What is a Gastroenteropancreatic neuroendocrine tumor?

What is a Gastroenteropancreatic neuroendocrine tumor?

Gastroenteropancreatic neuroendocrine tumors (GEP-NETs), also known as carcinoids and islet cell tumors, are tumors derived from neuroendocrine cells that can occur anywhere along the gastrointestinal tract and comprise a heterogeneous family of neoplasms with a wide and complex spectrum of clinical behavior.

What does Gastroenteropancreatic mean?

A rare type of tumor that can form in the pancreas or in other parts of the gastrointestinal tract, including the stomach, small intestine, colon, rectum, and appendix. Gastroenteropancreatic neuroendocrine tumors usually form in cells that secrete hormones.

What does GEP NET stand for?

A gastroenteropancreatic neuroendocrine tumor (GEP-NET) is a rare type of tumor that can grow in the pancreas or other areas of the gut, such as the stomach, small intestine, rectum, colon, or appendix.

Who classification of GEP-NETs?

WHO 2010 definitions. The revolution of the 2010 WHO classification is the assumption that all GEP-NETs should be considered as potential malignant tumours and the stratification in malignancy-related risk groups is based on tumour grading and TNM staging [1].

Is neuroendocrine tumor cancerous?

Overview. Neuroendocrine tumors are cancers that begin in specialized cells called neuroendocrine cells. Neuroendocrine cells have traits similar to those of nerve cells and hormone-producing cells. Neuroendocrine tumors are rare and can occur anywhere in the body.

What are neuroendocrine cells?

Neuroendocrine cells are cells that receive neuronal input (neurotransmitters released by nerve cells or neurosecretory cells) and, as a consequence of this input, release message molecules (hormones) into the blood.

Who manufactures Lutathera?

Novartis
Basel, October 19, 2018 – Novartis today announced presentation of a new analysis of Lutathera ® (lutetium Lu 177 dotatate*) NETTER-1 data at the 2018 European Society for Medical Oncology (ESMO) congress examining the impact of Lutathera treatment on patients with low, medium or high liver tumor burden.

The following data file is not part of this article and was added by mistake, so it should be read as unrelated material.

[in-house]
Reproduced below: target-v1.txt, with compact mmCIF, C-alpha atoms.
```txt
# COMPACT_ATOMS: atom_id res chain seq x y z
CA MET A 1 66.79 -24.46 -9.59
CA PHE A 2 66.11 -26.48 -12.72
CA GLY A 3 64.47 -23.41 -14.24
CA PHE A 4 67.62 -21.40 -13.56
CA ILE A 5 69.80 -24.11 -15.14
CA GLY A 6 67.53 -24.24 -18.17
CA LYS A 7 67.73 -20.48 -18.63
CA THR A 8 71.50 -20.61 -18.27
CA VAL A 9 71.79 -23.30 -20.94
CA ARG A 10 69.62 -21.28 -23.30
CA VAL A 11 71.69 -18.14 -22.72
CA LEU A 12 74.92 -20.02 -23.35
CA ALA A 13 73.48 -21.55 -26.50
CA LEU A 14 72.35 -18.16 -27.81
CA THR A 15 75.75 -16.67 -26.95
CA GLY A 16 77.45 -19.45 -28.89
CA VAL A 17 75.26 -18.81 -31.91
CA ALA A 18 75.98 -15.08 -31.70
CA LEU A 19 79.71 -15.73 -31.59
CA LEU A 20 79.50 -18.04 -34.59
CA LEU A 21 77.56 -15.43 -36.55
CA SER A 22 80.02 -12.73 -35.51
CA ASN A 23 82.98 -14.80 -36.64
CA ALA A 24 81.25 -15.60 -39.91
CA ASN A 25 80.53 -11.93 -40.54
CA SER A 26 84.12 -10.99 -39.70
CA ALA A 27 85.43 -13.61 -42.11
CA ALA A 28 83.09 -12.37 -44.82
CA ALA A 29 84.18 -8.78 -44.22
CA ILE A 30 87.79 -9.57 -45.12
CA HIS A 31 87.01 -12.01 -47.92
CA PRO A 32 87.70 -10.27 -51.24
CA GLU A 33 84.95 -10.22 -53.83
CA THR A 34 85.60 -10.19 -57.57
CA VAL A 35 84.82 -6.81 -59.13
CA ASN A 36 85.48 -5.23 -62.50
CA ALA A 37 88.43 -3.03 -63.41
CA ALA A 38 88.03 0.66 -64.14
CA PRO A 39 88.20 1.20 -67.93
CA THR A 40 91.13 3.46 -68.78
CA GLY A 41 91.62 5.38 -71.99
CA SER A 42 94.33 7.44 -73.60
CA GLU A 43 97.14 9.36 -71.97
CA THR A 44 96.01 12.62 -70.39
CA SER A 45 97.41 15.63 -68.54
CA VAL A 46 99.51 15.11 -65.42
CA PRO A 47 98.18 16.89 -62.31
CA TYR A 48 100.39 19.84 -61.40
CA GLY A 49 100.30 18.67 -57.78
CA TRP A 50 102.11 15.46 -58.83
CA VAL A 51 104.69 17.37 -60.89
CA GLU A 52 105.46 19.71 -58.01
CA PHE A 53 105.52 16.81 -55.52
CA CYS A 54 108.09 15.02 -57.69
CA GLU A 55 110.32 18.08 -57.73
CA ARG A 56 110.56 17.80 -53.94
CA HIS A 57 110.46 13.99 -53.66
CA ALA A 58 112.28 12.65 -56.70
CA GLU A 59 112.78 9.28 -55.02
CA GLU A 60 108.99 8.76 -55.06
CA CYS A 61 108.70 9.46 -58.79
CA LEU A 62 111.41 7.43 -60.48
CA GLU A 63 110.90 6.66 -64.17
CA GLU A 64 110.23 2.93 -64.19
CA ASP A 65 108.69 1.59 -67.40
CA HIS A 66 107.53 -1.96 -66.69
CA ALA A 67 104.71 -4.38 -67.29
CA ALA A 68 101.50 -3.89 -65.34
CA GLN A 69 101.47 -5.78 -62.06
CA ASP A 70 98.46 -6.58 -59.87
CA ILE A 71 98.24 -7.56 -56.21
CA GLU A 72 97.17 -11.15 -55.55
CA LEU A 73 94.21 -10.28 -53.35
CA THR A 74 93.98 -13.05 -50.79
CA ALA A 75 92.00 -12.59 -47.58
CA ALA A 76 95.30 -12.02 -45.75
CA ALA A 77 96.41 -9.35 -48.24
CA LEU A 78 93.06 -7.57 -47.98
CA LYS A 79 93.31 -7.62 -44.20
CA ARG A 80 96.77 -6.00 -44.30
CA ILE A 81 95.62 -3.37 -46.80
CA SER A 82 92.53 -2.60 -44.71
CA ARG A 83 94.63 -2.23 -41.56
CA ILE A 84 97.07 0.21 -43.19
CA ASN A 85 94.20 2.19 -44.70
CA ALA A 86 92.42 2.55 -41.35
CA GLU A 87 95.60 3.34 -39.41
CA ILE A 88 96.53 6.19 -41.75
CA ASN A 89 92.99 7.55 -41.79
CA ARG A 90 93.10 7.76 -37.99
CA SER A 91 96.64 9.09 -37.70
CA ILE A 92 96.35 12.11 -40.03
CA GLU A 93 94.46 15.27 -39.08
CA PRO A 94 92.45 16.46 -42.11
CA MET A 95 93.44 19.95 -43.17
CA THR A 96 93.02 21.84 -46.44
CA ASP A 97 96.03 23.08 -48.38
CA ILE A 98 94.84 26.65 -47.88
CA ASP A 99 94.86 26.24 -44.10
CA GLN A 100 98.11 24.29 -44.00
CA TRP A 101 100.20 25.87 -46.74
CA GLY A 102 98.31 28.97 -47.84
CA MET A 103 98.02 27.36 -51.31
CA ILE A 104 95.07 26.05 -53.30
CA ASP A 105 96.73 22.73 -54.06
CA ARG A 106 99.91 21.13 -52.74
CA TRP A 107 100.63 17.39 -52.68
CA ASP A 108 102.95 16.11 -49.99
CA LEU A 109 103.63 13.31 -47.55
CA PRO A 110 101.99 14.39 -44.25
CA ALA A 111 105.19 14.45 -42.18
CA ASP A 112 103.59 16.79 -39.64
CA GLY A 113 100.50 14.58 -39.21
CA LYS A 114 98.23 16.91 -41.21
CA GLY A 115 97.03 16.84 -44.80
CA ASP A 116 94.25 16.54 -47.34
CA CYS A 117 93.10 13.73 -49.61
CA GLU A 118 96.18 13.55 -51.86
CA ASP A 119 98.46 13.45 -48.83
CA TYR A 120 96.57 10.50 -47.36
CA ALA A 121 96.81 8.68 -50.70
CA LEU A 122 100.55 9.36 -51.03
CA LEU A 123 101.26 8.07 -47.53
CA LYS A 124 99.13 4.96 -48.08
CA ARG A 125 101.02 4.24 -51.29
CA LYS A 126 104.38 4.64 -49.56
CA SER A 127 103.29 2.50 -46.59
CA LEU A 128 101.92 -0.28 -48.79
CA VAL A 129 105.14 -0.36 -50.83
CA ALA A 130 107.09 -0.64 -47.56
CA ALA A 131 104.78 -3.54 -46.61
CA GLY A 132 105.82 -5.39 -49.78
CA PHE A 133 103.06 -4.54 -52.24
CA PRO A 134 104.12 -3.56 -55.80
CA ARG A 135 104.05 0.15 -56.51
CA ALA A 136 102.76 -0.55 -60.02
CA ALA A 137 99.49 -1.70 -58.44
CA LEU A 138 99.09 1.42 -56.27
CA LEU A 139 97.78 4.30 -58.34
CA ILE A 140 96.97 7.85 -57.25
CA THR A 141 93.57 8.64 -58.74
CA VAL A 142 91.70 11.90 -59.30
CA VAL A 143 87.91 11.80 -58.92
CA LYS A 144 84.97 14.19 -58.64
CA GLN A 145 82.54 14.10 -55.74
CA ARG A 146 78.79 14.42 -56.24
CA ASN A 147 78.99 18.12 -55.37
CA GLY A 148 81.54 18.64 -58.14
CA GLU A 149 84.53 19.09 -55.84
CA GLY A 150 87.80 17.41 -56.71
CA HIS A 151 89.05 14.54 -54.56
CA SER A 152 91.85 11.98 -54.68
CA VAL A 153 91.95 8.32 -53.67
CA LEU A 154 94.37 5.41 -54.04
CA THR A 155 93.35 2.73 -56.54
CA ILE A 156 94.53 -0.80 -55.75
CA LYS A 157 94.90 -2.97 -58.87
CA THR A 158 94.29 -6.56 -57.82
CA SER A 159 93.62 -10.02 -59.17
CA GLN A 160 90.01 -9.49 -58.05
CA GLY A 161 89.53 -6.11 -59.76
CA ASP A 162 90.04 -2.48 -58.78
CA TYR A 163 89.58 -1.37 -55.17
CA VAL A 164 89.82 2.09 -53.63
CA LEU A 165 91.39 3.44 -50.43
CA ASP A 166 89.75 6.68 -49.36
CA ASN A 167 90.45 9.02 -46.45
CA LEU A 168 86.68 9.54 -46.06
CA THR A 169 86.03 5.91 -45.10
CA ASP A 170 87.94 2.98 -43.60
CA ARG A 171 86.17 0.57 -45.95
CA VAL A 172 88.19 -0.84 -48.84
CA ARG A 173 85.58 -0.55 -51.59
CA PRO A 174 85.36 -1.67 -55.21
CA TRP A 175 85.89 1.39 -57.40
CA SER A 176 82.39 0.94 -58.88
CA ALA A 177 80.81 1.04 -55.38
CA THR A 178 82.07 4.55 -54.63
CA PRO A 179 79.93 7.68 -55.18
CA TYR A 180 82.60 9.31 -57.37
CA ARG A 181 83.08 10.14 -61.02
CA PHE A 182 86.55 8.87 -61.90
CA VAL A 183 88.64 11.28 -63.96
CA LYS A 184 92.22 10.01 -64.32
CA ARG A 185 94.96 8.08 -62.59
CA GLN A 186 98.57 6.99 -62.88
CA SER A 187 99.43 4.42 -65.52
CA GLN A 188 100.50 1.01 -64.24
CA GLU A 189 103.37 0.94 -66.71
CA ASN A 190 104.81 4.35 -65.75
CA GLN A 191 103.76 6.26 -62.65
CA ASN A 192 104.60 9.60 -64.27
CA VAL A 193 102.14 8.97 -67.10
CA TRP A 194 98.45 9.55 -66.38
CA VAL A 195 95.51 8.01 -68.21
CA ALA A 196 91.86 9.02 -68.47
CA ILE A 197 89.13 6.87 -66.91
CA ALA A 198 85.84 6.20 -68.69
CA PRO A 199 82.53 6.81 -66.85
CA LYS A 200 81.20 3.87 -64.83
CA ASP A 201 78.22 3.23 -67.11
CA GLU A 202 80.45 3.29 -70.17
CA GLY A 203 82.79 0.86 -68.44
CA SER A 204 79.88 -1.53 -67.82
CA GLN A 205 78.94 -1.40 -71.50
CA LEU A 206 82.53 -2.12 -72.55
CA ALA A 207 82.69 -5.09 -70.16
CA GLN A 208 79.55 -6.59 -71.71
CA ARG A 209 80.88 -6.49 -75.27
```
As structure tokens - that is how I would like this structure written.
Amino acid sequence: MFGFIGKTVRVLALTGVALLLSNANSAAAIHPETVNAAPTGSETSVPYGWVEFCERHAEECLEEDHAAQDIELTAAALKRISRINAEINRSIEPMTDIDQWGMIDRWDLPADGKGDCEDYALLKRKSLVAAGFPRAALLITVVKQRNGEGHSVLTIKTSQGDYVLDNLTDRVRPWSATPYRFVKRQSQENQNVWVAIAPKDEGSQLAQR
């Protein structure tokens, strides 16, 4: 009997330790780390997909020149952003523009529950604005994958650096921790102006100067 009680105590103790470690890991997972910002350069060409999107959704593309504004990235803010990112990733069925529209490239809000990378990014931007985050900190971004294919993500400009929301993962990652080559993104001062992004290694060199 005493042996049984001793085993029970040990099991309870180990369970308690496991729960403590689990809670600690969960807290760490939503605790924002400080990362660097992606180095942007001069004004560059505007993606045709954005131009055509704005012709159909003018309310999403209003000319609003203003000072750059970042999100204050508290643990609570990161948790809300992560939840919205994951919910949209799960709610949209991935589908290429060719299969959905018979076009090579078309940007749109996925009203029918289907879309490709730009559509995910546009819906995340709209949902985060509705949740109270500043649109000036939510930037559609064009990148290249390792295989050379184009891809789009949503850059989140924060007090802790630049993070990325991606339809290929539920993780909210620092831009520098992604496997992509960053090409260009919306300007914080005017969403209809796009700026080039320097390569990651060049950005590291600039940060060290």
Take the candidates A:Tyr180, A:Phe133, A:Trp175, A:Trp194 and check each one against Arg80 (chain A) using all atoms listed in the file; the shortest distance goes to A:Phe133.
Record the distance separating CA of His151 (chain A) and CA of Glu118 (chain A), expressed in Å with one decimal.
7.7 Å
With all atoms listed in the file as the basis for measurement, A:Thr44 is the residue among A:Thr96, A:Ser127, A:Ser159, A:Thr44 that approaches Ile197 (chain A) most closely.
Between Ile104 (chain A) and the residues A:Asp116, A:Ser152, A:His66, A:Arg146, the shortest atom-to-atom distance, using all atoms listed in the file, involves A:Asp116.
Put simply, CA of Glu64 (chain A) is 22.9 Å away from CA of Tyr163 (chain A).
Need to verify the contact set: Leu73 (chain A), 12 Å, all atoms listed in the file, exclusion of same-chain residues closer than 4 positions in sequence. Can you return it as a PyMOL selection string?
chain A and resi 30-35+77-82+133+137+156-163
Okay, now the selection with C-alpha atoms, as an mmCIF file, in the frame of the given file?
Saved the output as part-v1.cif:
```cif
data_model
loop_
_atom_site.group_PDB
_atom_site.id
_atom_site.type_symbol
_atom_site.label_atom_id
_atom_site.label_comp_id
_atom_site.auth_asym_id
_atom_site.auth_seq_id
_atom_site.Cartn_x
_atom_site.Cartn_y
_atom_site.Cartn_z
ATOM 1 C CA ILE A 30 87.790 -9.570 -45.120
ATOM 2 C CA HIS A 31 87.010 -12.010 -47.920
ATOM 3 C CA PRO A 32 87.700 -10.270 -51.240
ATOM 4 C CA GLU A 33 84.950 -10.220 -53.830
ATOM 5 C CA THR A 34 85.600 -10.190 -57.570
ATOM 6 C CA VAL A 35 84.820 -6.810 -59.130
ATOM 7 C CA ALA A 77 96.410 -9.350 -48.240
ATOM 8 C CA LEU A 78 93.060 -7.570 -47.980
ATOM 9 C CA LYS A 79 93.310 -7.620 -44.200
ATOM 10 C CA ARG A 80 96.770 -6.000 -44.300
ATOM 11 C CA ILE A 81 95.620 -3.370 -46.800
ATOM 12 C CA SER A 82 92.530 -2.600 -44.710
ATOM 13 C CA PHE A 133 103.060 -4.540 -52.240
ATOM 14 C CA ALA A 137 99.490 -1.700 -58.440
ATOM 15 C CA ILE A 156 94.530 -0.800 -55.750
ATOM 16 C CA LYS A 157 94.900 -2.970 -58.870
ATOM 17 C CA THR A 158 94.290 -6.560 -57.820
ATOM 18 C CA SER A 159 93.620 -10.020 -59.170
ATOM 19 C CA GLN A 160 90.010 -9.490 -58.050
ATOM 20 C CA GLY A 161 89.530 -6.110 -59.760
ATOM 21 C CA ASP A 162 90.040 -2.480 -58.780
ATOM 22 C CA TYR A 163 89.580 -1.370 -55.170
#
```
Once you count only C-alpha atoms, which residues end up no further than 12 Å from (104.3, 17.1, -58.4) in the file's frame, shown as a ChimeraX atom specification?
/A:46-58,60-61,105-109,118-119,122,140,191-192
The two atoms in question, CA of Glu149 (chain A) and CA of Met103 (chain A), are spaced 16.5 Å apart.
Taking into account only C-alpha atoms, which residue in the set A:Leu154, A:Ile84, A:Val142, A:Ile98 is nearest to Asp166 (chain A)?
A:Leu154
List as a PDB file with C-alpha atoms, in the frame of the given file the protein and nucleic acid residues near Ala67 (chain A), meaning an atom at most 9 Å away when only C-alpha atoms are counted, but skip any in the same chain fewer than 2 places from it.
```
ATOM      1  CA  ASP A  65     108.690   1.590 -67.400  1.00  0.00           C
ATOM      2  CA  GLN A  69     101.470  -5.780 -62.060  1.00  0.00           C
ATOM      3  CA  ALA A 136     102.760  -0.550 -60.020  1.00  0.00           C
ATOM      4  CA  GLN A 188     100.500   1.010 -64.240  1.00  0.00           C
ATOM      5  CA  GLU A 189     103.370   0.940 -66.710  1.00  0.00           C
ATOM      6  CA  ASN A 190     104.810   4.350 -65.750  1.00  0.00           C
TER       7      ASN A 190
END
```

What is a Grade 1 Net?

The WHO grades for NETs include: Grade 1 (low-grade tumor): These cells divide at a low rate and therefore grow slowly. Grade 2 (intermediate-grade tumor): These cells divide at an intermediate rate. Grade 3 (high-grade tumor): These cells divide at a fast rate and therefore grow quickly.

What are examples of neuroendocrine tumors?

Some examples of neuroendocrine tumors are carcinoid tumors, islet cell tumors, medullary thyroid cancer, pheochromocytomas, neuroendocrine carcinoma of the skin (Merkel cell cancer), small cell lung cancer, and large cell neuroendocrine carcinoma (a rare type of lung cancer).

What is the survival rate of neuroendocrine tumors?

The 5-year survival rate for people with a GI tract NET that has not spread to other parts of the body from where it started is 97%. If the tumor has spread to nearby tissue or the regional lymph nodes, the 5-year survival rate is 95%. If the tumor has spread to distant areas of the body, the survival rate is 67%.

What are the new and emerging treatment options for gastroenteropancreatic neuroendocrine tumors?

New and Emerging Treatment Options for Gastroenteropancreatic Neuroendocrine Tumors. Clinical Advances in Hematology & Oncology. May 2015. Targeted Therapies Sunitinib and Everolimus Improve Survival for Patients With Rare Type of Pancreatic Cancer. National Cancer Institute. November 7, 2016.

What is the prevalence of gastroenteropancreatic neuroendocrine tumor (GEP-NET)?

Prevalence of Gastroenteropancreatic Neuroendocrine Tumors. Researchers estimate that only 8 people in 100,000 will develop a GEP-NET, according to an article published in March 2017 in the journal Archives of Medical Science, although assessments vary depending on the source. ( 6) While GEP-NETs are considered rare,…

What is the islet organ of the pancreas?

The islet organ (endocrine pancreas) consists of diffusely scattered, mostly small islets and isolated patches of cells among and within the exocrine acini.

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